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Mindy L. Bumgarner, K. Francis Salifu, Michael V. Mickelbart, and Douglass F. Jacobs

Excessive fertilization may induce physiological drought and/or ion toxicity, which can reduce growth or cause mortality in cultured plants. Although nursery subirrigation produces stock of forest trees of equal or better quality to conventional overhead irrigation, detailed analyses of fertilization responses specific to these systems are lacking. We evaluated the effects of fertility applied as a 15N–9P–12K controlled-release fertilizer at rates equivalent to 0, 1.2, 1.8, 2.4, 3.0, or 3.6 g nitrogen (N) per plant on media properties and northern red oak (Quercus rubra L.) seedling development grown with subirrigation. Aboveground plant growth and nutrient content of seedlings increased up to 1.8 g N/plant but declined at higher rates and total mortality occurred for treatments of 2.4 to 3.6 g N/plant by the end of cultivation. Root biomass generally declined with increasing fertilization. Media electrical conductivity (EC) increased with increasing fertility, particularly in the upper media layers, where values exceeded 3.0 dS·m−1 at the highest rates. Fertilization had little effect on media pH. Predawn leaf water potential and osmotic potential (ψS) were reduced at high nutrient applications. Thus, increasing fertility beyond ≈1.8 g N/plant in this subirrigation system apparently resulted in accumulation of excessive fertilizer salts in media and/or ion toxicity, which caused plant mortality. Because subirrigation systems are prone to persistence of residual fertilizer salts in the medium and holding tanks, fertilization prescriptions must be carefully tailored to species and cultural systems to prevent potential for plant damage associated with overfertilization.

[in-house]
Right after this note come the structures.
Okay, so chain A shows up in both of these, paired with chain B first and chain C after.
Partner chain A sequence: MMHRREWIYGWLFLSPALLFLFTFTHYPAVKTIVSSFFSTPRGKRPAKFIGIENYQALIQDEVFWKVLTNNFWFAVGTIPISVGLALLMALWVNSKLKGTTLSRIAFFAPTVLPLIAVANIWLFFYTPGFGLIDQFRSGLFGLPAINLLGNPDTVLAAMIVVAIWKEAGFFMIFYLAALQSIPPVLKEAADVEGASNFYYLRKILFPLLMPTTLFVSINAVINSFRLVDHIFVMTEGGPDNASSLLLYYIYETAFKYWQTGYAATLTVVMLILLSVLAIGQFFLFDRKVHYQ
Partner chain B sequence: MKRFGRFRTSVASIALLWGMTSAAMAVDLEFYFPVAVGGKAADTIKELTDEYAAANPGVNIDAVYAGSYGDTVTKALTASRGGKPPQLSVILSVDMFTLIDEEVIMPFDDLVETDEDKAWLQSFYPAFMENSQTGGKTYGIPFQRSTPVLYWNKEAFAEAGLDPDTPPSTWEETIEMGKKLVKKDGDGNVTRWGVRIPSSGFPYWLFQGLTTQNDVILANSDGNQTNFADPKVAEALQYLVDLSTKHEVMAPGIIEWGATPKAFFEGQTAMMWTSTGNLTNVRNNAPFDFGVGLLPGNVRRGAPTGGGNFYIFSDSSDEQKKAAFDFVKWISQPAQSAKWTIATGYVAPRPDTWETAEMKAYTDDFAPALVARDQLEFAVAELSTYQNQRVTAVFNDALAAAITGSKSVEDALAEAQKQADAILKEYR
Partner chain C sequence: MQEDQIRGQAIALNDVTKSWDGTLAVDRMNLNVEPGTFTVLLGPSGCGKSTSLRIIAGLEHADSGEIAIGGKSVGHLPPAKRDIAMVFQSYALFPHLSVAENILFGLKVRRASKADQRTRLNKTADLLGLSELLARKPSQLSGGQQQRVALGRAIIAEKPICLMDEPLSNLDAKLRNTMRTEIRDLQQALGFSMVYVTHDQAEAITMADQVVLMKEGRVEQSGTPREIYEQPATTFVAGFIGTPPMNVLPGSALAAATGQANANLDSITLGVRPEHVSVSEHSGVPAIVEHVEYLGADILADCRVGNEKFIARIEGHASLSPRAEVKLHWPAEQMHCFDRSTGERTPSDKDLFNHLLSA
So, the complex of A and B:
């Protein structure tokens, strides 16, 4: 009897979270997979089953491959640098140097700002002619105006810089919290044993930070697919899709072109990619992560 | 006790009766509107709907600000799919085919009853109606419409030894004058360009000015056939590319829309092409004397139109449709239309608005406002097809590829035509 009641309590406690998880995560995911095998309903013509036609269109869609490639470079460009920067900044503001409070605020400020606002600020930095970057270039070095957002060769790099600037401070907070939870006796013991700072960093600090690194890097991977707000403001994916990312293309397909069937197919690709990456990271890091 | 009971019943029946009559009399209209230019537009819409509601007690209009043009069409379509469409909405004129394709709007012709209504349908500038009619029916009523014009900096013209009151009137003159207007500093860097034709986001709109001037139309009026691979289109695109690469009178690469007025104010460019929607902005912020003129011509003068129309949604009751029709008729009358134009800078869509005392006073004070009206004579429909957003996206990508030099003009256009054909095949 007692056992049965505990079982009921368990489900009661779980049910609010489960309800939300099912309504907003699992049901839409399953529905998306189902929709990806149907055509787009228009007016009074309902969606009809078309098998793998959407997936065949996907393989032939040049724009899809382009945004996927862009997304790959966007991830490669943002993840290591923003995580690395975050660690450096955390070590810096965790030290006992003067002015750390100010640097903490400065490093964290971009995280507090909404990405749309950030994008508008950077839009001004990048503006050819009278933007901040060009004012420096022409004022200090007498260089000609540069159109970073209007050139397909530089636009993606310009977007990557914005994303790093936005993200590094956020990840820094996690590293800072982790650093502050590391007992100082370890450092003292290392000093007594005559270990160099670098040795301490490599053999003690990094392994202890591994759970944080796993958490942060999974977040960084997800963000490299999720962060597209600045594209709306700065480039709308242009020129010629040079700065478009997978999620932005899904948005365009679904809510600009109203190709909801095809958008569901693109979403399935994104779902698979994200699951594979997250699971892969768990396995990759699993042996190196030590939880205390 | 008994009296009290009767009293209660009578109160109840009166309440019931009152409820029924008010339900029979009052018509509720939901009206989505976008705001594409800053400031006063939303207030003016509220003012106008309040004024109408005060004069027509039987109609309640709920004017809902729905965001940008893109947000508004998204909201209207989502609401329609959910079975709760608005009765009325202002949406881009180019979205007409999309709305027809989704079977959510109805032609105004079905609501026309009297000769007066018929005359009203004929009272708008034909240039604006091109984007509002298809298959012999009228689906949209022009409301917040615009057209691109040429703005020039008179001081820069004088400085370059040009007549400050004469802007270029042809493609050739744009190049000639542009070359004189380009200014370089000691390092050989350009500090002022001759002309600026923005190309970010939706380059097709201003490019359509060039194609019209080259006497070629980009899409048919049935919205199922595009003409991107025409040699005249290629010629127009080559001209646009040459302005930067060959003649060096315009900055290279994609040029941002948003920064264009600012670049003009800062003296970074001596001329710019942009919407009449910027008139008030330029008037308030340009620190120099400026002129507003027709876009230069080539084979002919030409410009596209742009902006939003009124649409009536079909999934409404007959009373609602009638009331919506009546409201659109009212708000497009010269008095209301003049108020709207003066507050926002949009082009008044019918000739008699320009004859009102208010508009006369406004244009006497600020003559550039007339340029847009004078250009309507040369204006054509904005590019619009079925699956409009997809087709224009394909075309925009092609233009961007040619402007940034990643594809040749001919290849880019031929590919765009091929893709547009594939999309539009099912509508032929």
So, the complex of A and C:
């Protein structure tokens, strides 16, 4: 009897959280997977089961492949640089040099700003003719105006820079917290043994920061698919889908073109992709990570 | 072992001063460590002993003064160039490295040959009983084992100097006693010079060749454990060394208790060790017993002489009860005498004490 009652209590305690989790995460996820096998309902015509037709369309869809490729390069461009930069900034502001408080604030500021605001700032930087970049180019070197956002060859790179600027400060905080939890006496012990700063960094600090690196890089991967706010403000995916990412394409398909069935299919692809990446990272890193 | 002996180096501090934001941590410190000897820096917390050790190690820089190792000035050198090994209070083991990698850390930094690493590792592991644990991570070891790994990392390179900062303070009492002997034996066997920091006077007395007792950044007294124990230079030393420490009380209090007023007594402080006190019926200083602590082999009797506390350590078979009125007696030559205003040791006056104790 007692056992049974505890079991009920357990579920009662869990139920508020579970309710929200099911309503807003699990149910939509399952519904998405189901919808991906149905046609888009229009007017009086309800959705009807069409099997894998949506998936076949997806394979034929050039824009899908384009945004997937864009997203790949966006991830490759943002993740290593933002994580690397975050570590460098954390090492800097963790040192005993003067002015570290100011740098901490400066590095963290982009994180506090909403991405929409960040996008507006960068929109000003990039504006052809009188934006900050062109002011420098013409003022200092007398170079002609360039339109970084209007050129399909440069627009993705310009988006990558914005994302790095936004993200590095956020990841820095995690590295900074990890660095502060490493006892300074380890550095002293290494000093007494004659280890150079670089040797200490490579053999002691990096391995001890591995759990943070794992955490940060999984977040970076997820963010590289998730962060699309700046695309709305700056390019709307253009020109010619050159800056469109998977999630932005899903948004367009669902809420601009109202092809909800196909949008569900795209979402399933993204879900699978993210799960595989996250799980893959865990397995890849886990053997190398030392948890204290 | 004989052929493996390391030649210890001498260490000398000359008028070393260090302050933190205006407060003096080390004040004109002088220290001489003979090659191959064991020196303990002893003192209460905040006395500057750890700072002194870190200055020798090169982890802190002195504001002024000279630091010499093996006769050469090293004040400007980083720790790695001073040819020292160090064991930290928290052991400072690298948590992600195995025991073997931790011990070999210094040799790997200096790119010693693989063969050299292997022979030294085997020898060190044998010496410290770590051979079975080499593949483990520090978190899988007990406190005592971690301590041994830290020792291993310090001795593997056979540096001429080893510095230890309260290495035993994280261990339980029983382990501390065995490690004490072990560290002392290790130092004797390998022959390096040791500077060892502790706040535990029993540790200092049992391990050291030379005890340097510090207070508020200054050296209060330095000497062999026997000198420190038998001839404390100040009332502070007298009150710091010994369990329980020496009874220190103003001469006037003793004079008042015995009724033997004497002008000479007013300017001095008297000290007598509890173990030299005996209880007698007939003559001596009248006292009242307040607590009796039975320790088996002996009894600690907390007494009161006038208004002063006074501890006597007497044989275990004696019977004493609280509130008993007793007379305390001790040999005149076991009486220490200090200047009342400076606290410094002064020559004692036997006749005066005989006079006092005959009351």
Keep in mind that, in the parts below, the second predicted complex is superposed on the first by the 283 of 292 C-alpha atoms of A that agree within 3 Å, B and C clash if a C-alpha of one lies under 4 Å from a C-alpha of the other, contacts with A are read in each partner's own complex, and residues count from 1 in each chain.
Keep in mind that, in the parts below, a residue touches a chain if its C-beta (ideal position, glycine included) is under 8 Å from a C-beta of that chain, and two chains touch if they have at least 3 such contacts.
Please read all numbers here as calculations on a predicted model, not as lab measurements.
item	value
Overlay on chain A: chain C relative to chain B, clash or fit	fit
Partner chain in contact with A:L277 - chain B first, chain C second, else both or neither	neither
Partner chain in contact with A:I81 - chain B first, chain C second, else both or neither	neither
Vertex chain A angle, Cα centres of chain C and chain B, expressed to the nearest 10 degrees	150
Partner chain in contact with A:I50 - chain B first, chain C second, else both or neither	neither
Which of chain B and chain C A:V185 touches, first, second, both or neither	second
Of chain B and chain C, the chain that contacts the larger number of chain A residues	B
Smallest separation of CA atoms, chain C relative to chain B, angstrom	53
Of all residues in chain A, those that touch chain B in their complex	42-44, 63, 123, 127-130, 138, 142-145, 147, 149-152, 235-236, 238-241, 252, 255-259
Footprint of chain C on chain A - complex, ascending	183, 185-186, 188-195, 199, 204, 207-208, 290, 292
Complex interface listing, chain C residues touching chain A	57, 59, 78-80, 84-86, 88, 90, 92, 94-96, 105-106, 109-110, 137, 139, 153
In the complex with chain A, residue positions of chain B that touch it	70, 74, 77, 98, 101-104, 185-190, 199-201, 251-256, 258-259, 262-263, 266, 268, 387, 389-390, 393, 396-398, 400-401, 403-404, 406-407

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Christian M. Baldwin, Haibo Liu, Lambert B. McCarty, William L. Bauerle, and Joe E. Toler

Studies on bermudagrasses (Cynodon spp.) have demonstrated variability in salinity response among species and cultivars. However, information on ultradwarf bermudagrass cultivars in relative salinity tolerance associated with trinexapac-ethyl (TE) [4-(cyclopropyl-α-hydroxy-methylene)-3,5-dioxocyclohexanecarboxylic acid ethyl ester], a cyclohexanedione type II plant growth regulator (PGR), remains unknown. Therefore, two replicated greenhouse studies were conducted to determine the salinity tolerance of two ultradwarf bermudagrass cultivars treated with TE on turfgrass quality (TQ), total root biomass, and root and shoot tissue nutrient concentration. Turfgrasses included `TifEagle' and `Champion' bermudagrass (Cynodondactylon(L.) Pers. × C. transvaalensisBurtt-Davy). Daily sodium chloride (NaCl) exposure was 0, 12.90 (8,000 ppm), 25.80 (16,000 ppm), and 38.71 dS·m–1 (24,000 ppm). Biweekly TE applications (active ingredient 0.02 kg·ha–1) were initiated 2 weeks after salinity exposure. `Champion' was more salt-tolerant than `TifEagle' based on TQ and root mass. At 12.90, 25.80, and 38.71 dS·m–1 of NaCl, nontreated (without TE) `Champion' consistently outperformed nontreated `TifEagle' with greater TQ on most rating dates. At 12.90 dS·m–1, TE treated `Champion' (8.0) had greater TQ than nontreated `TifEagle' (6.1) at week 10. Regardless of TE application, after 2 weeks of applying 25.80 dS·m–1 of NaCl, both cultivars fell below acceptable TQ (<7). When averaged across all salinity treatments, applying TE four times at 0.02 kg·a.i./ha in two week intervals enhanced root growth for both bermudagrass cultivars by 25%. Also, both cultivars decreased root mass as salinity levels increased. Non TE-treated `TifEagle' had 56% and 40% less root and shoot Na uptake compared to TE treated cultivars at 25.80 dS·m–1. In conclusion, the two bermudagrass cultivars responded differently when exposed to moderate levels of NaCl.